Wednesday, December 14, 2011

Sticky Sweet Fingers

I was born on Christmas day. When I tell people this, they all have the same reaction. Christmas? Really? Oh wow, that must suck. Quite frankly they are right. It does, sharing your birthday with the baby Jesus blows. Saying this, I still love Christmas in a way only a dyke reared. agnostic cynic can. My daughter wants to know if Santa is real, and I refuse to tell her he is not because part of me thinks maybe, if I just believed. he would be. One too many watchings of Miracle on 34th Street I guess.

My family Christmas never involved Christ. In fact, in our household the ladies would sneak into churches on the eve and "steal" a flame from a prayer candle. They called it taking back the light. We would have a winter solstice dinner on the 24th where we would sit around the table, each with a long thin unlit candle in our hands. One person would start, and light their candle from the stolen flame and then say something about the year that passed and some hopes for the year that was coming. Then they would kiss the person next to them and light their candle and the next person would do as the the one before until all the candles were lit. We ate tourtiere and had sweet perogies for desert. The ritual, as it was called ended sometime in my late 20s, after everyone had moved off and new families were made.

Christmas morning had tons of people and presents and fresh baked croissants with scrambled eggs and bacon. I go over to my sisters these days with my daughter and my mum and we still eat the same thing. My family is small though. and three adults and three kids makes for a fairly sparse Christmas dinner. My sister cooks and amazing turkey. There is an emptiness to me though, around that table. I am missing my other mothers, the noise and the wine and the laughing. My mother and sister are civilized, refined and it is quite polite.

I married a man who had a huge family, so my daughter knows the chaos and fun of a house filled with cousins. I think my husband would dread it, but I was in love. I was in love with the chaos, the slightly too drunk aunt, the ten kids rampaging through with shiny new toys. Mountains of paper and bows and sticky sweet fingers looking for batteries. The family was so big the grown ups did not buy each other gifts beyond some home made cookies, or a Toblerone bar. My mother in law would take me aside in a separate room and give me a special gift. One for my birthday, although I knew it was because she liked me best. I liked her best too.

My husband and I split about a year ago. I have not seen my in laws since. I miss them often and regret that it is too painful for him to have me join sometime. I know he could not bear it, so I understand that it can't happen. I did not really realize till afterwards that divorce was about more than a couple, it was about a separating of family. I lost a large part of mine, and Christmas has made me mourn that this year.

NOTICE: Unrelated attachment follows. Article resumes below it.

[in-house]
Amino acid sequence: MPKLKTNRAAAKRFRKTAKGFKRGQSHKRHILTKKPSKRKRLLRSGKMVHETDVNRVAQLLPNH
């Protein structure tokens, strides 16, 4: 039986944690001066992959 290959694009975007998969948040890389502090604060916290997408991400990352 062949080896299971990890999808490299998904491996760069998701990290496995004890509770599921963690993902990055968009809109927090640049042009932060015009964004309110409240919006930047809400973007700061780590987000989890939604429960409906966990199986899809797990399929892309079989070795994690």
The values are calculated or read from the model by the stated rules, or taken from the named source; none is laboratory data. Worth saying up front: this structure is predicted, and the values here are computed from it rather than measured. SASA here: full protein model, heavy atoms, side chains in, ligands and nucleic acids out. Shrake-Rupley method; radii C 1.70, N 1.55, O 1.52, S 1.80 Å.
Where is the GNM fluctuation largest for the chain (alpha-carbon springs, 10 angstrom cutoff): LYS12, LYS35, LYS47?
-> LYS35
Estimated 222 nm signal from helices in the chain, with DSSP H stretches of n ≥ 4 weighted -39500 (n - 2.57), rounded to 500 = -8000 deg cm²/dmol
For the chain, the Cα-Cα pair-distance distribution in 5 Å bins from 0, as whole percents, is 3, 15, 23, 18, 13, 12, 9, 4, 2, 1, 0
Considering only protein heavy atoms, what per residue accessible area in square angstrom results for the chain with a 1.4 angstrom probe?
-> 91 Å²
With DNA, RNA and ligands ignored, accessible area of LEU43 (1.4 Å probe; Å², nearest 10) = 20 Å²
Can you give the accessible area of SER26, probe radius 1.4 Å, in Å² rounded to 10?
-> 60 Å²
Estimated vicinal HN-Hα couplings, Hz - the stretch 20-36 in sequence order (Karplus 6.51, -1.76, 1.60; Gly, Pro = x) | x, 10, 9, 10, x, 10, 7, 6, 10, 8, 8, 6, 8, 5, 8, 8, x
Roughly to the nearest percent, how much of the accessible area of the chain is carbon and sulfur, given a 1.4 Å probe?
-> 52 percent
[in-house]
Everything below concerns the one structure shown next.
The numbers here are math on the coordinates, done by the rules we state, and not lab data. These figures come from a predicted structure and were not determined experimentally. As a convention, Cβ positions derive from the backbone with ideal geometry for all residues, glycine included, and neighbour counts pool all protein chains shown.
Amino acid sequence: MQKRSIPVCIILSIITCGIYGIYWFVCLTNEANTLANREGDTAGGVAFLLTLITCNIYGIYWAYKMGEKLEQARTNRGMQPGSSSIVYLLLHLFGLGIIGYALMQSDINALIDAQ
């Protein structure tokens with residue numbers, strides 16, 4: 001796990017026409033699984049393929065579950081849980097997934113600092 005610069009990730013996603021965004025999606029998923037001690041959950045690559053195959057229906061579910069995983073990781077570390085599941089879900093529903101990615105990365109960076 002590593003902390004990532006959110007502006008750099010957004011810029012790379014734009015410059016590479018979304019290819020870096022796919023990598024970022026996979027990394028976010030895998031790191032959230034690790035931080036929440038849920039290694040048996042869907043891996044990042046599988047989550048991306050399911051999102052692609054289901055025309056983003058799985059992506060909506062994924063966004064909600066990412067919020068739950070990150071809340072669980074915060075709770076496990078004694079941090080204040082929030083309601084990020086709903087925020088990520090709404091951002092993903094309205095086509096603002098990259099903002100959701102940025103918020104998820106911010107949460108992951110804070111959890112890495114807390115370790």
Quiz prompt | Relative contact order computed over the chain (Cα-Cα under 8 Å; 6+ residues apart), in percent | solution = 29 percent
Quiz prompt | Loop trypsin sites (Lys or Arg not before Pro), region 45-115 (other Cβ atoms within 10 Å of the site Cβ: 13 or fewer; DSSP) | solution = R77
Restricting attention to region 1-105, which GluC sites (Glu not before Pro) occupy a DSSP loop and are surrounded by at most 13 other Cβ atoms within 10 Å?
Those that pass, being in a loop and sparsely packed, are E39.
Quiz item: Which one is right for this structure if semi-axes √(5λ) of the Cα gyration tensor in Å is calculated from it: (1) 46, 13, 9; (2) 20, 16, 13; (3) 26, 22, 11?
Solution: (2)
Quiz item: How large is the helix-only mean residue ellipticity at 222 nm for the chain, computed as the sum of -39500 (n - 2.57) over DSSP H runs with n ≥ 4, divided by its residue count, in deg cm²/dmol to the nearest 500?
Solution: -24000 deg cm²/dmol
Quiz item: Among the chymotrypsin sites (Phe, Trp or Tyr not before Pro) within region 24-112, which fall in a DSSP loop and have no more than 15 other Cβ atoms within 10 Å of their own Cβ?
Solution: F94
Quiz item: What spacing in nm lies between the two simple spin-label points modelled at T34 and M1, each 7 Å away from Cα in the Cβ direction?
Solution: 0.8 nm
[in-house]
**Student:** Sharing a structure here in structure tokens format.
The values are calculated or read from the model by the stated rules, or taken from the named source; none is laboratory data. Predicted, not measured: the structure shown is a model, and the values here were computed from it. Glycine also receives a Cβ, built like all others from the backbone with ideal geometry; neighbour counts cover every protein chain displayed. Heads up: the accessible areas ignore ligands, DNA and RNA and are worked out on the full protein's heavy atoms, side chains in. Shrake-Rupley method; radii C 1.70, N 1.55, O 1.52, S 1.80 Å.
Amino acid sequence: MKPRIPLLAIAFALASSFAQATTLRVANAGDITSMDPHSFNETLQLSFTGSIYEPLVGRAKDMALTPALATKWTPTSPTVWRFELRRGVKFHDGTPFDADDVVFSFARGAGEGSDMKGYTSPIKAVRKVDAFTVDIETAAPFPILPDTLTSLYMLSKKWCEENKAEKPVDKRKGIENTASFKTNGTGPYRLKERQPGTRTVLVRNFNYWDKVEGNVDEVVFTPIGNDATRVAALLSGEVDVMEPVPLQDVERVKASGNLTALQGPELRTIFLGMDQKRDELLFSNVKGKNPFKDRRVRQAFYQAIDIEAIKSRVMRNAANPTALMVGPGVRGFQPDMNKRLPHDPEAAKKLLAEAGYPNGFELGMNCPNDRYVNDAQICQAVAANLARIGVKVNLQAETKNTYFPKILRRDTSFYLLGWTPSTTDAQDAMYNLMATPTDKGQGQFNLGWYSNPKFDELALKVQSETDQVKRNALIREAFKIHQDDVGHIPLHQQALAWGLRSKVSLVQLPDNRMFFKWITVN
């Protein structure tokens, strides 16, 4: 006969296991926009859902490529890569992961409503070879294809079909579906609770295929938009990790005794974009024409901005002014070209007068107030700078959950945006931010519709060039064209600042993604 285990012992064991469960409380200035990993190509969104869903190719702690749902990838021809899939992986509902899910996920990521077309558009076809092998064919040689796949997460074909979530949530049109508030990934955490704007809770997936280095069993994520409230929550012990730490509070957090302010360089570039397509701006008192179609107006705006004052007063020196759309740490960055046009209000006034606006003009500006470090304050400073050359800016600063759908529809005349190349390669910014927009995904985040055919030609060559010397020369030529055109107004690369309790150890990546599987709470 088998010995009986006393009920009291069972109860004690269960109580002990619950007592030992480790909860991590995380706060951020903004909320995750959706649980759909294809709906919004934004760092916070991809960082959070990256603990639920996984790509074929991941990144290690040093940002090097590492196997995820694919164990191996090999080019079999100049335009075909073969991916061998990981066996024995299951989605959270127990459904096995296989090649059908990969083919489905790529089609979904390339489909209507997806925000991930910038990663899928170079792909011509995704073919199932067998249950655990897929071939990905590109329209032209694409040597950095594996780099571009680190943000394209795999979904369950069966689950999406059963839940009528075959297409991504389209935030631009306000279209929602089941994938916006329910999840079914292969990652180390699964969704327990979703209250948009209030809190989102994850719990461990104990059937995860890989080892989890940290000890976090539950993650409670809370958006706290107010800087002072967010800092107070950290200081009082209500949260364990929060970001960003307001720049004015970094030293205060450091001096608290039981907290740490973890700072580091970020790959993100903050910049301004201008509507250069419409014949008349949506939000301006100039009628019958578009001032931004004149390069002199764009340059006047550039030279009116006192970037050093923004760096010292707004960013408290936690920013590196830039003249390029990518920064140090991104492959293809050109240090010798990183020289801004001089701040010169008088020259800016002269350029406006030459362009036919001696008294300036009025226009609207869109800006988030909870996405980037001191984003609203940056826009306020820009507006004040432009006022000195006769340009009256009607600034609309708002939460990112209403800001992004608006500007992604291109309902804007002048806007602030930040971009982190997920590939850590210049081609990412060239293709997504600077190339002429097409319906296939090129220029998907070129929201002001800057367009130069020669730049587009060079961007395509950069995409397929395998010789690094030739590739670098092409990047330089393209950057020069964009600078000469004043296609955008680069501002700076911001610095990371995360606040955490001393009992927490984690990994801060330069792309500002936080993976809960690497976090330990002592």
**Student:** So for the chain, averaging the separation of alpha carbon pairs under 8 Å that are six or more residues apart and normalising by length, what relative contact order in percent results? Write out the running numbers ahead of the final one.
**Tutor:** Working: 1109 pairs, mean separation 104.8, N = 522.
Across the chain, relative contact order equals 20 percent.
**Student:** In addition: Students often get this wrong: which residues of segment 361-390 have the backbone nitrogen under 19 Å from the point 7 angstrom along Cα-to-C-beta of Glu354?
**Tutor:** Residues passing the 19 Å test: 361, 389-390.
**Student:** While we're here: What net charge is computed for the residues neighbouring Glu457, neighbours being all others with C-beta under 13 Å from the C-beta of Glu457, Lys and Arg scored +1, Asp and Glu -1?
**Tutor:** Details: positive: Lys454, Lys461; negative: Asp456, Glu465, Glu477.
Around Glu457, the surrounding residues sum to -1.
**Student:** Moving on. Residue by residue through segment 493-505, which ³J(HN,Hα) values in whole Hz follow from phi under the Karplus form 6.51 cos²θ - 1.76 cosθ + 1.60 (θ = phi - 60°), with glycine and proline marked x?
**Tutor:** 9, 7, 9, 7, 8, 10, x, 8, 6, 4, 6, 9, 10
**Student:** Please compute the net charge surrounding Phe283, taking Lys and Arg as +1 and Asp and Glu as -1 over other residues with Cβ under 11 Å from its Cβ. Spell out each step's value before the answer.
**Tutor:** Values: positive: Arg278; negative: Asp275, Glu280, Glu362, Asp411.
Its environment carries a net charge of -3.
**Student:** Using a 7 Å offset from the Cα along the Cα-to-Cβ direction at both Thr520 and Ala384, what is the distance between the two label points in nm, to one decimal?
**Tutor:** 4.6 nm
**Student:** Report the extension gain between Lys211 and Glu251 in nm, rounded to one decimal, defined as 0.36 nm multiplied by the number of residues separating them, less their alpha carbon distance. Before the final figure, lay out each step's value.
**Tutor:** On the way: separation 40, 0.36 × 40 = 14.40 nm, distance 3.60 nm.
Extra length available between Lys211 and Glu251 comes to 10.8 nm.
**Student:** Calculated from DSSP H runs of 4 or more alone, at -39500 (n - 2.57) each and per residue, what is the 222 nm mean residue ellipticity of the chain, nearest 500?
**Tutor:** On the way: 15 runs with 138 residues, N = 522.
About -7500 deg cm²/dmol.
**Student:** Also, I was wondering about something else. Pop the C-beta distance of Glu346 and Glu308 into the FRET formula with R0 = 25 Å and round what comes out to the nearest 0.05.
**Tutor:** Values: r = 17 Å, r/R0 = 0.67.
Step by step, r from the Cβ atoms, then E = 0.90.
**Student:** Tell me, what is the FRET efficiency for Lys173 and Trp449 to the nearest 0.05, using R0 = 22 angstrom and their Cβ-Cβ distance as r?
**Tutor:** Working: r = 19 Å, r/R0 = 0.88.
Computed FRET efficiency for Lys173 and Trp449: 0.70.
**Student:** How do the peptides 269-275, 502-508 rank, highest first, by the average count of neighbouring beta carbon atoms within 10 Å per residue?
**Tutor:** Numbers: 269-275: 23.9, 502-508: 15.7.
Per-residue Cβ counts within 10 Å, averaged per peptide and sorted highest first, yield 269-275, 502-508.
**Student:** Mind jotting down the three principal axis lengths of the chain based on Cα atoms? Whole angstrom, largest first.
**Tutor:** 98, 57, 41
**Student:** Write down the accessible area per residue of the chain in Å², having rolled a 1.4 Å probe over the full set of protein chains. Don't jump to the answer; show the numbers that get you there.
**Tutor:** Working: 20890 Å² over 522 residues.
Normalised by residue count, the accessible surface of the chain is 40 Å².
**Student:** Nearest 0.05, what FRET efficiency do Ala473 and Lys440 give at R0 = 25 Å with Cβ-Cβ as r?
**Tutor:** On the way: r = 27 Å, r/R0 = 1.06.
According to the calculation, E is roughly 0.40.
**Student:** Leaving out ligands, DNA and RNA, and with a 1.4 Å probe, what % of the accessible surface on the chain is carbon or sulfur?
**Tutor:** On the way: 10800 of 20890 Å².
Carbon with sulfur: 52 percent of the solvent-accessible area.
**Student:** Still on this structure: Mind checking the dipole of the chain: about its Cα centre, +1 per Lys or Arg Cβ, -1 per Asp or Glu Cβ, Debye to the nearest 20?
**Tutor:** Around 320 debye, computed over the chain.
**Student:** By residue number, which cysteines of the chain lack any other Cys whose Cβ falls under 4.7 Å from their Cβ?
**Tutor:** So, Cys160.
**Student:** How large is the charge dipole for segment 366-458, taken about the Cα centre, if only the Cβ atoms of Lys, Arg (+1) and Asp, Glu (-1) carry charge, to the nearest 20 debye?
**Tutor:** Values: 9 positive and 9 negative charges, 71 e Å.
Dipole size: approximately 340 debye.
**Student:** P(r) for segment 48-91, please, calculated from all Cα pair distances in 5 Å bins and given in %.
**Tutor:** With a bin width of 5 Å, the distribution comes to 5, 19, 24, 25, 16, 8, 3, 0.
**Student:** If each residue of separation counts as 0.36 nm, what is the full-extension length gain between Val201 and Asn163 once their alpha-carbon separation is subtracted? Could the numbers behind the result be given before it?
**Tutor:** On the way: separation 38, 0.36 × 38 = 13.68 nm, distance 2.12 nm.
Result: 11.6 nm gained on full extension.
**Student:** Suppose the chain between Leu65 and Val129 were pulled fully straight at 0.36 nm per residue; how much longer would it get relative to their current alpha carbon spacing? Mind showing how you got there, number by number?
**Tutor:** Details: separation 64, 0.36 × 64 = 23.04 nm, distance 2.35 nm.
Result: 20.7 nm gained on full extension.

This year I am presented with a night all alone. I will have a morning with my ex and daughter, and eggs and bacon at my sisters, and a polite turkey dinner with a very nice wine and some tasty appetizer crafted out of a Bon Apetit back issue. My daughter will be rampaging with her cousins and aunts and uncles at my ex's, and I will go home to my tree and my dog and face the night by myself for the very first time. I feel dark about this. I wish I did not. I wish I had not joined the ranks of the holiday disappointed. My maudlin cliché reaction to an emotionally charged holiday.

Truth be told, I am not alone. I am not neglected. I am spoiled. Spoiled by having had too many good Christmases.

It has been a formative year and i think perhaps what I really need to do is light a candle. Light a candle and say something about the one that has past and something about my hopes for the year that is coming

So, goddesses, this is what I have to say:

I am grateful for my friends, the ones who gave me love and let me into their lives this year. They welcomed me into their "web" and I love being caught in their world. I am grateful for the kisses my daughter gives me unsolicited and plentiful. I am grateful this year for the man who showed me love and affection and kindness and for his perfect lips. I am even grateful to math, for kicking my ass, which needed a firm boot upside it.

I hope the next year brings me closer into the hearts of my new friends. I hope that I rest more and treat my body more kindly. I hope that I can find the balance between family, school, work, myself and love. I hope that those people around me who have had losses and pain this year find the new one brighter and lighter. I hope to plan, on the 24th of December 2012, a raid into a church, to steal a light so that I can sit around a table with meat pie and polish sweet dumplings and kiss the lips of those closest to me and see if some of these wishes had been fulfilled.

Don't worry, the next post will be funny.


  1. No need to be funny when one speaks truth. I've read your posts from beginning to end, from oldest to newest and this one touched me more than most.

    Here's to a year of getting to know you better, to seeing you kissed by good fortune and led by goodwill, to reading one beautiful sentence, whether serious or funny, true or in jest.

    Here's to a beautiful 2012.


  2. Thank you so much. Knowing people are reading it really makes me happy. May your year be filled with goodness